When a religion becomes an establishment it loses its true religious spirit and it is in this sense that organised religions lose their very religiosity and become power-oriented. In the early period of Islam we see a lot of struggle between different groups of Muslims trying to control power and 'Islamic establishment' (not Islam as a religion) losing its revolutionary power. Greater the power of establishment lesser the degree of religiosity and if establishment becomes the goal religiosity becomes zero. For Yazid the goal was power and empire and hence his religiosity became zero. On the other hand for Imam Husain (S.A.) goal was Islamic values and not power-establishment and hence his religiosity was of highest degree. He laid down his life and lives of his near and dear ones to achieve this height of religiosity.
The Kothar (the Bohra religious establishment) too is obsessed with power and wealth and as its power increases its religiosity diminishes in the same proportion. What appears to be Kothar's success is, in fact, its defeat. Its religiosity is approaching zero degree very fast. The reformists, on the other hand, are struggling for values and their religiosity is increasing as Kothar's is diminishing. In physical terms our 'weakness' is Kothar's strength and in spiritual terms our strength is Kothar's weakness. More we become value conscious weaker will be Kothar's grip on us.
We should also keep in mind that fewer people care for quality and more for quantity. Quality and quantity do not go well with each other. If the Kothar has quantity on its side we have quality on ours. A true reformist combines all three stages i.e. awareness, freedom of conscience and courage to act. Those who are sympathisers of reform movement, have awareness and value freedom of conscience but lack courage to act. It is easier to bring consciousness but difficult to induce courage. Courage is an inner quality which cannot be induced from outside.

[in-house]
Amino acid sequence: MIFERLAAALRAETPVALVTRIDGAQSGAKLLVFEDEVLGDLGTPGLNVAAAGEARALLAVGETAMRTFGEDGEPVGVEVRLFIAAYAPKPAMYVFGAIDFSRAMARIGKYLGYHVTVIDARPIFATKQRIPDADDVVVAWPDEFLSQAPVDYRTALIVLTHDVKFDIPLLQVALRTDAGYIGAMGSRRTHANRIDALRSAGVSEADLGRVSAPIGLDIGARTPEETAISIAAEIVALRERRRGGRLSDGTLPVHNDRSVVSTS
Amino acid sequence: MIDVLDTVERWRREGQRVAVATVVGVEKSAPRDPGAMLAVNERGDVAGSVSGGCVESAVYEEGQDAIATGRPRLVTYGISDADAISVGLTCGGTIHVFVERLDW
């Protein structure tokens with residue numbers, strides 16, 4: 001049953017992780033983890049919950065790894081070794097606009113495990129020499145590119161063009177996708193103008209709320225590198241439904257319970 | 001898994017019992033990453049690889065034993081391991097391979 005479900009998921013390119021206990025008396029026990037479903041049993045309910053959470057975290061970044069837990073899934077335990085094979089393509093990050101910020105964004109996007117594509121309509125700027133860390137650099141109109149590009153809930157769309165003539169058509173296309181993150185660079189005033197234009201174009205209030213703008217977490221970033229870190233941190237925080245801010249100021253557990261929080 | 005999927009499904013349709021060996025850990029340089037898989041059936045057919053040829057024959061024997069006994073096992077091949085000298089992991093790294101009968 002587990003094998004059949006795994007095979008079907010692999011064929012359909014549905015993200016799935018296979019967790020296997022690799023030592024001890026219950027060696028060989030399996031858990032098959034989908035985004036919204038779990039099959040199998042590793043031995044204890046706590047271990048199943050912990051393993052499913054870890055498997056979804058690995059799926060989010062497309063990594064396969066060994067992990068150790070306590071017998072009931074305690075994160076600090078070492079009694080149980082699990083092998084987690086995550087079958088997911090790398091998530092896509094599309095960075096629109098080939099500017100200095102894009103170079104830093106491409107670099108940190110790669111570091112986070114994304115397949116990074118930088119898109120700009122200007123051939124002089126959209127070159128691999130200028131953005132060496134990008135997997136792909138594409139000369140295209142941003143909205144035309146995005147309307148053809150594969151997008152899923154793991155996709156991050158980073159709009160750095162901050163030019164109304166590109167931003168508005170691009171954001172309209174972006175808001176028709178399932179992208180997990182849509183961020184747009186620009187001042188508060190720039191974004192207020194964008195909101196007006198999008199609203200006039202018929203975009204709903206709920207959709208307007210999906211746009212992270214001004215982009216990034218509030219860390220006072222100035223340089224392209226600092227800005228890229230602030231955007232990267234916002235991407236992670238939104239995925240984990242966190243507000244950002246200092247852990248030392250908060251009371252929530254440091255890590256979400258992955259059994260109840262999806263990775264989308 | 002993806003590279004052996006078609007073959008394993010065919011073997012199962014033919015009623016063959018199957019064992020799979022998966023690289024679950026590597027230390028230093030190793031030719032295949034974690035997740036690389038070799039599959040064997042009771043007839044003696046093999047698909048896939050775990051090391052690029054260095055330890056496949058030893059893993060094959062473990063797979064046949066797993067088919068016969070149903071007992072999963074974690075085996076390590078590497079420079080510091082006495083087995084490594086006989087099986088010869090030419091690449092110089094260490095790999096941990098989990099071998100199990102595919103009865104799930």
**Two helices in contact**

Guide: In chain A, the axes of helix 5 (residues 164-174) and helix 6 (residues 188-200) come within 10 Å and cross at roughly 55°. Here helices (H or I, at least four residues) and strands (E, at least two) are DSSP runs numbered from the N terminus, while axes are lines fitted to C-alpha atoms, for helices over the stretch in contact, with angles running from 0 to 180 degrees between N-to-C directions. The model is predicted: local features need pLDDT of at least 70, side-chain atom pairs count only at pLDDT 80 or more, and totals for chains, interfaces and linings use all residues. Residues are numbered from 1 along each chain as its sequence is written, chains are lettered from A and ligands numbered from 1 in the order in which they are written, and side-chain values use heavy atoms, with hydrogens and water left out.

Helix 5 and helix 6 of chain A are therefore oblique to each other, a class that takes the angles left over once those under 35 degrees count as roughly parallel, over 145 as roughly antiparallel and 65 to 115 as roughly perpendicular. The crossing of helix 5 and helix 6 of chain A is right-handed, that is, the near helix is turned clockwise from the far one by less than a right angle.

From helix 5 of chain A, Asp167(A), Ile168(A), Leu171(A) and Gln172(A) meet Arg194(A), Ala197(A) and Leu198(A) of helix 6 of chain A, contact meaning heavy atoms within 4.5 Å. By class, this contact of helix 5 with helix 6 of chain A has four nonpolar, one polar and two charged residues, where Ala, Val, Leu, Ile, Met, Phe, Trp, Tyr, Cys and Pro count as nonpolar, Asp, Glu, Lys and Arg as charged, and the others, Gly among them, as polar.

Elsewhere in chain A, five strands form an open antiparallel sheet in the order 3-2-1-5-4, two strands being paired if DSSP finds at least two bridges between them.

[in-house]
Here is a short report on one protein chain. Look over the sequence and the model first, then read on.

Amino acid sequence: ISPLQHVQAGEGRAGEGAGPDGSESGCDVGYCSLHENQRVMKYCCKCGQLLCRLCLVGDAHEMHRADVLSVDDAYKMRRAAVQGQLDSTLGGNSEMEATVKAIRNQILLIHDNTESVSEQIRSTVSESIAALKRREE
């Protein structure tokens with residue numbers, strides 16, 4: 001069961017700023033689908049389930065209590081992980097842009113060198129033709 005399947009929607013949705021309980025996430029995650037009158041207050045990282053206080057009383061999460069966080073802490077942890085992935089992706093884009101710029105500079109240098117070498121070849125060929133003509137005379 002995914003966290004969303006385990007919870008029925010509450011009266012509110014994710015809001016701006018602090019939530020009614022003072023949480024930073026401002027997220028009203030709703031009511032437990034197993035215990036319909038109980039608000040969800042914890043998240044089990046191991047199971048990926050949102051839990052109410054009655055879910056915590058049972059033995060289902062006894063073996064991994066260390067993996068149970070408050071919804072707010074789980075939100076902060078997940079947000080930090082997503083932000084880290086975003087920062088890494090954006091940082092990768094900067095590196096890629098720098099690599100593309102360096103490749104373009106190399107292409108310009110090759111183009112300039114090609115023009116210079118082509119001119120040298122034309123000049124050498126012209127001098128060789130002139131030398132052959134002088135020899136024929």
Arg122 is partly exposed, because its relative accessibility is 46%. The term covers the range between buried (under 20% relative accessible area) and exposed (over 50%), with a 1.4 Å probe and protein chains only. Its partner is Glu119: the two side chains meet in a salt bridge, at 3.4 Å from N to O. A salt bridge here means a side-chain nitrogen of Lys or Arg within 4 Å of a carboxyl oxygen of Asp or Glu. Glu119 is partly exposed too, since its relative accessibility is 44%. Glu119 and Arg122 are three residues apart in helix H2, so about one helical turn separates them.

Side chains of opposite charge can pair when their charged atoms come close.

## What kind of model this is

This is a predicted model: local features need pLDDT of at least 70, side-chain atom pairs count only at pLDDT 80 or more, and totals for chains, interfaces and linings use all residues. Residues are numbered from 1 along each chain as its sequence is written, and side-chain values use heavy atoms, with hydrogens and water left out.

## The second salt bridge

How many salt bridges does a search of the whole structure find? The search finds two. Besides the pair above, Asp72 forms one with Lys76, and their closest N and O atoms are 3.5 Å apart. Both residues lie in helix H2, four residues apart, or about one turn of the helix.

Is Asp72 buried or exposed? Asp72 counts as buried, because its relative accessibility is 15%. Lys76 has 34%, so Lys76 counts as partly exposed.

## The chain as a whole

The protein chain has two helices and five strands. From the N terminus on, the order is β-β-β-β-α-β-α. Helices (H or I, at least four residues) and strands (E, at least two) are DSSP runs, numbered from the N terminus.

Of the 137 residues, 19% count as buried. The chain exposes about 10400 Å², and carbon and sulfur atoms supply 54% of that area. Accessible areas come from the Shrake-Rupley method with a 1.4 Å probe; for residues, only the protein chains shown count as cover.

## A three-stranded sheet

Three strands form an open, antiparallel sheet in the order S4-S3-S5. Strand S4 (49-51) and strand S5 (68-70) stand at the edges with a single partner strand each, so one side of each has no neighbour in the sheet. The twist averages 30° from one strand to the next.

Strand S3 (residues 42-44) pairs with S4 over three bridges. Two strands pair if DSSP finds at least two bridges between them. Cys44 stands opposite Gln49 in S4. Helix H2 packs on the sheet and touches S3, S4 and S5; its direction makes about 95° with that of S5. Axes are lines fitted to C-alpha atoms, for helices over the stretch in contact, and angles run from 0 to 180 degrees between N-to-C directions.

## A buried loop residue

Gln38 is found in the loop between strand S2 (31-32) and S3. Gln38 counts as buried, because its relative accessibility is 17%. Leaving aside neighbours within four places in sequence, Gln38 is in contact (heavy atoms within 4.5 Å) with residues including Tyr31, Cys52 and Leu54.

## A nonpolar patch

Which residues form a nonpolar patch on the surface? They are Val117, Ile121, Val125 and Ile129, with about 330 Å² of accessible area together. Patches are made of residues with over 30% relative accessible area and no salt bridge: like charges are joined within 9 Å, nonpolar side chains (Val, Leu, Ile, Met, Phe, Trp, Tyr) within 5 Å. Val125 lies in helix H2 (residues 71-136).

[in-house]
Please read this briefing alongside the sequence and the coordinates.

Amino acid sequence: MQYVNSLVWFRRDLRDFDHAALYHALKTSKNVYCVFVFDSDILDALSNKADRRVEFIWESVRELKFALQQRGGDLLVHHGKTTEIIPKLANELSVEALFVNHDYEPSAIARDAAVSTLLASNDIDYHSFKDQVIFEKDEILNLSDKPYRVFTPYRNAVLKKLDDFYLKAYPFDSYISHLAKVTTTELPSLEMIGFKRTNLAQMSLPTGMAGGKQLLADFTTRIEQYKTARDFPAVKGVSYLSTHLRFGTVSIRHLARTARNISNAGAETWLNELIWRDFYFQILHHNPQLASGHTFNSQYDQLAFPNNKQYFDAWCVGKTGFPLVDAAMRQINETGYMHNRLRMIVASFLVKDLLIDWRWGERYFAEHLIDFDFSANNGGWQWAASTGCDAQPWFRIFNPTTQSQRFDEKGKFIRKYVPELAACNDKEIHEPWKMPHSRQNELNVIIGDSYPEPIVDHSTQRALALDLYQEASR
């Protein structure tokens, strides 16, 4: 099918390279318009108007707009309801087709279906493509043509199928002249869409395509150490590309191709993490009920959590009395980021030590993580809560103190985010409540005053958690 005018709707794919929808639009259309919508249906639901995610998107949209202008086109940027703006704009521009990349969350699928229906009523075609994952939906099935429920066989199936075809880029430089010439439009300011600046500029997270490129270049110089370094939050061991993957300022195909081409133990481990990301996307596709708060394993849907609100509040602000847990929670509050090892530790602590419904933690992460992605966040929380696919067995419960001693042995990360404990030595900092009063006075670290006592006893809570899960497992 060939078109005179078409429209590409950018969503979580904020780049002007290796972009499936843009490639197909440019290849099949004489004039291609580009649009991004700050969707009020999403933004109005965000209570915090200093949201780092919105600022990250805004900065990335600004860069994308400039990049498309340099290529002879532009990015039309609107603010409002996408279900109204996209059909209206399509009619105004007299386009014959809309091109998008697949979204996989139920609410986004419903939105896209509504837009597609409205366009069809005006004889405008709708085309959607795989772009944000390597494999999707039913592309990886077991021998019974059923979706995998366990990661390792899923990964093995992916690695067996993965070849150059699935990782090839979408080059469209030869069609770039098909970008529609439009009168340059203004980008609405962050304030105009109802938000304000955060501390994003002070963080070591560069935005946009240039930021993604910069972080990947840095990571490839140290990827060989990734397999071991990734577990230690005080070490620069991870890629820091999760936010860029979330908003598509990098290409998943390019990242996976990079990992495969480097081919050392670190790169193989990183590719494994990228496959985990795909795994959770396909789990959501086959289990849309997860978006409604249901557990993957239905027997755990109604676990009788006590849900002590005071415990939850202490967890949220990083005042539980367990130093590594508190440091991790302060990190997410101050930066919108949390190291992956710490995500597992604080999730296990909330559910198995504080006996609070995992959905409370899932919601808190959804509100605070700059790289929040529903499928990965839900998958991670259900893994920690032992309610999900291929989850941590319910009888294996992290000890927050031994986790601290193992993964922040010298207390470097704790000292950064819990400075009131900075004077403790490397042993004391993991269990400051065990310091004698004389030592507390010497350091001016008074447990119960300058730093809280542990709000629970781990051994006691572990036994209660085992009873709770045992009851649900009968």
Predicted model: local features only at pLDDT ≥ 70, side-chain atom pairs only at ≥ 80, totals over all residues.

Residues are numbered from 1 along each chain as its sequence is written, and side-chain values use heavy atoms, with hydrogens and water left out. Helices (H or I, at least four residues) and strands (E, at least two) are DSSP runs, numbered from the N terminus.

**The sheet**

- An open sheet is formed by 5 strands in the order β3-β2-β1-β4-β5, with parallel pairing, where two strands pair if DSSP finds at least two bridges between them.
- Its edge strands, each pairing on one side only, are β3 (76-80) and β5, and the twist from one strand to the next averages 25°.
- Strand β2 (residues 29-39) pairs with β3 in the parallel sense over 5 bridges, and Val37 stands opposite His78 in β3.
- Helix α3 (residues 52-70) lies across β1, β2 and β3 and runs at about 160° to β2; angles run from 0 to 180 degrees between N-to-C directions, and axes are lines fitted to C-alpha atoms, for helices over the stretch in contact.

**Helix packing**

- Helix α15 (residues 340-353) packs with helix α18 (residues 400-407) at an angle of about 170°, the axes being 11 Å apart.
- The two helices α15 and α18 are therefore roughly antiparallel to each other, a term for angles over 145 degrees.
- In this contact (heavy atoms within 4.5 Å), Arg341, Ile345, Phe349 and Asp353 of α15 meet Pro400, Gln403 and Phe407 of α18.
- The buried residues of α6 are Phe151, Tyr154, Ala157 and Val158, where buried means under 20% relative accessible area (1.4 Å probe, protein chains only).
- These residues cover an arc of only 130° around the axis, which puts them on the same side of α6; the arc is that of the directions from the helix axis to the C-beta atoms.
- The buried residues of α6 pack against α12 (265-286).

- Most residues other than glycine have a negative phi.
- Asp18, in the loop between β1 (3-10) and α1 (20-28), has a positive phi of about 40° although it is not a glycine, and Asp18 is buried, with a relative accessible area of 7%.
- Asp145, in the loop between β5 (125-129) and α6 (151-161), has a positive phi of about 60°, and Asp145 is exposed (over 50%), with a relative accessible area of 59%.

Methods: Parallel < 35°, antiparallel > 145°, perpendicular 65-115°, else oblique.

We should also note that human behaviour is quite a complex entity. It is not determined by one's beliefs and awareness; it is determined more by one's interests. And interests are determined, even in case of people of honesty, by one's social and economic situation. Thus many complex factors determine one's behaviour. Thus there are many people who are not only aware of values the reformists are fighting for, they also have desire to support reformists but they are so situated socially, economically and in terms of family ties they cannot act according to their own inner convictions.
There is yet another type. There are those who are aware and also in a position to support the movement but they do not act as their economic and other interests are more important to them than the values reformists are fighting for. We should also remember that most of the people like to go with the establishment whosoever controls it. Human behaviour is more convenience-oriented than conviction-oriented. There is more convenience in being with the establishment than with those who oppose it. To be conviction-oriented requires great deal of sacrifices, which everyone is not prepared for.
Our greatest satisfaction should come from our inner convictions, which matter more than anything else. We struggle for the sake of values not for the sake of achieving our 'goal' in terms of physical success. All those who are struggling for freedom of conscience, freedom from political, social or other forms of slavery, give their struggle more importance than anything else. For them sacrifices bring more satisfaction than achievements. For them inner convictions are more important than outer forms of success.
An average person pursues comforts of body and some prefer comforts of soul. An establishment provides, through many of its institutions, many conveniences to its adherents. But a believer and a person of faith does not look for these physical conveniences. His/her restless soul finds more comfort in trouble and trouble in physical comforts.
A believer in values finds his greatest assets in honesty, integrity, truthfulness, justice and compassion. He worships Allah by worshipping these values. Such is the path our movement has undertaken to tread. It is the path paved with honest intentions and lofty ideals and this is the path all martyrs and great souls prefer to tread despite all physical discomforts it is paved with. For such movements it is not destination but the path of struggle which is more important.